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Sharapova leads Russian charge
May 30, 2007 19:18 IST
Last Updated: May 30, 2007 19:19 IST
Maria Sharapova [Images] showed there was no room for sentiment on Wednesday when she led a trio of Russian seeds into the second round of the French Open.
Playing under menacing clouds and in a rush to get off court before the heavens opened again over Roland Garros, the world number two was in unforgiving mood as local darling Emilie Loit hobbled around court with a thigh strain.
Sharapova powered to a 6-3, 7-6 victory and was joined in the last 64 by 2006 runner-up Svetlana Kuznetsova and ninth seed Anna Chakvetadze [Images], a 6-2, 6-3 winner over Australia's Alicia Molik [Images].
Kuznetsova avenged one of the most painful defeats of her career when she blew fellow Russian Ekaterina Bychkova off court 6-0, 6-3.
The third seed was humiliated by Bychkova at the 2005 US Open when she became the first defending champion to lose in the opening round.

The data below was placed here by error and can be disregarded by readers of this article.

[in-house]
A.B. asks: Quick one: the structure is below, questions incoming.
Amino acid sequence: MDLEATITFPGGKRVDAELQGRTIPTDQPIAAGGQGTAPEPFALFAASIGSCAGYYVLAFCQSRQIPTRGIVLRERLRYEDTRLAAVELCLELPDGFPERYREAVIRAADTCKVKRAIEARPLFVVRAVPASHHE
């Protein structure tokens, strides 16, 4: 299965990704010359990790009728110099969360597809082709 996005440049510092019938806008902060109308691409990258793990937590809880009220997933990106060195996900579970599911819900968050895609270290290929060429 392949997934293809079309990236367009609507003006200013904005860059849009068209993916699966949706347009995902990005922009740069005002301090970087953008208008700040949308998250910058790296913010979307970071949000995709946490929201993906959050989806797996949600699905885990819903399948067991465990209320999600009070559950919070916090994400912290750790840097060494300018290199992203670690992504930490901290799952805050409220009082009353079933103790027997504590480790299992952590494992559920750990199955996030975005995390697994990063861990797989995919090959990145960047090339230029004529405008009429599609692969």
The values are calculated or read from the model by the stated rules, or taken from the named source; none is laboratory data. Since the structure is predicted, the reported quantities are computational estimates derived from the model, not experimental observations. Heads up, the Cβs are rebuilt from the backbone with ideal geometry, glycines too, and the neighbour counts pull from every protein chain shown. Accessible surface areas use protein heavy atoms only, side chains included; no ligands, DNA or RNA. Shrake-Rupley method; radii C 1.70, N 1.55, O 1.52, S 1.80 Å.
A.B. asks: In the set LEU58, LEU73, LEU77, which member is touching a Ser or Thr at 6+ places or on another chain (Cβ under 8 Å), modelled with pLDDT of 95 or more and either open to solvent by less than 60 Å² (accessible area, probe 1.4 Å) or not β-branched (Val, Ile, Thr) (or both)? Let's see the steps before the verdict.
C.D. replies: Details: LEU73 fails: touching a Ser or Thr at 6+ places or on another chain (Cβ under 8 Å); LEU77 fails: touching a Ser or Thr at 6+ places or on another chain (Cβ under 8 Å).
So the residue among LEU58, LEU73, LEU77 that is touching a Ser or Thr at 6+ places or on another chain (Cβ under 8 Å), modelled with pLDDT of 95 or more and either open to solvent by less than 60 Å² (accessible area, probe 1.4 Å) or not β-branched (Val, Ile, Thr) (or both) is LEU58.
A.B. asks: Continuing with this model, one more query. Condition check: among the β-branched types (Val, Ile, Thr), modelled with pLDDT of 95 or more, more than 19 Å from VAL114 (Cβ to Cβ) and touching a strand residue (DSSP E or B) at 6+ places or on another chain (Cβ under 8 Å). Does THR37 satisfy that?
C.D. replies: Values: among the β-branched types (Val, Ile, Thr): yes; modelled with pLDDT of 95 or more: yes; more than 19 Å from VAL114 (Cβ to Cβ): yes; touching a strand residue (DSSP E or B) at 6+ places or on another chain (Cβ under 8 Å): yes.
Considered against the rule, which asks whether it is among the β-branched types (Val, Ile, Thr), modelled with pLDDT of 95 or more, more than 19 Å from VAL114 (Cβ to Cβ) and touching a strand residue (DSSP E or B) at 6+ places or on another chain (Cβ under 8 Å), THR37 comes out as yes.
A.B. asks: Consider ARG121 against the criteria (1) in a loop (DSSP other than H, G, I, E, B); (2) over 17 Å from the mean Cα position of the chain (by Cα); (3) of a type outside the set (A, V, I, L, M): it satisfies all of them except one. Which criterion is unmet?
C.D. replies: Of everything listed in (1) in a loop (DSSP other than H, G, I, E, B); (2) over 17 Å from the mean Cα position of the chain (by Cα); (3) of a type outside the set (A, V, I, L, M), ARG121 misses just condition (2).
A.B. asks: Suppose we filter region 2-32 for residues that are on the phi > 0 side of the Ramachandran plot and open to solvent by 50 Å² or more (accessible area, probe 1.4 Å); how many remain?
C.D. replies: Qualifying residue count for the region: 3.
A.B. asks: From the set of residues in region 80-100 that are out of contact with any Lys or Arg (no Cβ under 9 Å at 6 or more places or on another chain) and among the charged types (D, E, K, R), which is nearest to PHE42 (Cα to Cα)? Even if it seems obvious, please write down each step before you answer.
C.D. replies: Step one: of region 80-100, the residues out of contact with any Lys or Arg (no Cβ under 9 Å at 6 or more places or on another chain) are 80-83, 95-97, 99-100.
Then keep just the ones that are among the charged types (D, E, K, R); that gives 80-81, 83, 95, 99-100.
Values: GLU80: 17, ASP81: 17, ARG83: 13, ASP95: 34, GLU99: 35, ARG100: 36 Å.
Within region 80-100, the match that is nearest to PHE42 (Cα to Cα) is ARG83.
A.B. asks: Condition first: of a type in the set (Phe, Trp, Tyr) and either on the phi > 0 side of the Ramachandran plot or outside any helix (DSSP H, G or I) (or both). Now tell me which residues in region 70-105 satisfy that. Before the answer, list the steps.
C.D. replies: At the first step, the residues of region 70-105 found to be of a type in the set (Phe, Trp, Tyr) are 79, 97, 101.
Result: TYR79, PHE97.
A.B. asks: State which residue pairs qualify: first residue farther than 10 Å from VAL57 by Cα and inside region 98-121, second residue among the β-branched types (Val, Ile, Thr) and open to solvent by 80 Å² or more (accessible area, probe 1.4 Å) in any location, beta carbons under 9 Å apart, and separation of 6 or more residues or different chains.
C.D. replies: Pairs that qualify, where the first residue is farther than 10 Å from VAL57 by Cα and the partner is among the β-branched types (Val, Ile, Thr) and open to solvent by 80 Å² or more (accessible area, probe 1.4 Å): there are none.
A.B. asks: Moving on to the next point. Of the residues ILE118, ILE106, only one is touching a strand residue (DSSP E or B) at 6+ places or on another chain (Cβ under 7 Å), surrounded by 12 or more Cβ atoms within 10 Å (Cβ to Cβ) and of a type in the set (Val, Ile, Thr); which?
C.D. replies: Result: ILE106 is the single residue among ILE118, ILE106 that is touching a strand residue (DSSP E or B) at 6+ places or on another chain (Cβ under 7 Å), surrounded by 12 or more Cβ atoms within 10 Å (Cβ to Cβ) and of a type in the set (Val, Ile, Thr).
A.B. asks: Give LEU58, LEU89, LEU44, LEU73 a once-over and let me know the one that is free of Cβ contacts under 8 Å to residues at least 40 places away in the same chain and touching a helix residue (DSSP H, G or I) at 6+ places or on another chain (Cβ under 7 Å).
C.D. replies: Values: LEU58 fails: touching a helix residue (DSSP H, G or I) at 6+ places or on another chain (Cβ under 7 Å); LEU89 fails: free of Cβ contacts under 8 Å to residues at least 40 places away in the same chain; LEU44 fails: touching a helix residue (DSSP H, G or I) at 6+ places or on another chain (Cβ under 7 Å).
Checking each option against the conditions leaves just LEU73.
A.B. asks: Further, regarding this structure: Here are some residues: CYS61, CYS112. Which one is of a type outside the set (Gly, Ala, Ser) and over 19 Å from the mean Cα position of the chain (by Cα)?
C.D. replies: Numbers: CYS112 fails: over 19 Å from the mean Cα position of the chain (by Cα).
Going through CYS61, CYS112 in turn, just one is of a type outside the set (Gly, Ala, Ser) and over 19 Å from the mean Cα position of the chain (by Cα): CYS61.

Fast forward two years and Bychkova felt the full force of Kuznetsova's wrath.
Kuznetsova won nine consecutive games before her 79th-ranked opponent got on the scoreboard.
Making her comeback after undergoing foot surgery in January, Myskina's challenge lasted 38 forgettable minutes as she was embarrassed 6-1, 6-0 by American Meghann Shaughnessy.
Myskina, the first Russian woman to lift a Grand Slam title when she triumphed here in 2004, almost skipped the tournament due to injury.
She probably wished she had missed her flight out of Moscow after her painful experience on court 16, only her second competitive match of the year.
Myskina, once ranked second in the world, is now floundering at 51 and has not won a match since reaching the final in Stockholm last August.
"I have to be a realist. I knew I was not going to win but I just wanted to see how my foot would feel," Myskina told reporters. "You can see I'm moving like a big cow now."
Shaughnessy's reward was a second-round date with Kuznetsova.
Safin raged, rolled in the red dirt and smashed a racket but his histrionics could not prevent a 6-4, 6-4 7-5 mauling by Serb Janko Tipsarevic in the second round.
Sixth seed Novak Djokovic was a relieved man after he completed his first-round match a day after it started, defeating Colombian Santiago Giraldo 6-3, 7-6, 6-4.
The French Open 2007 coverage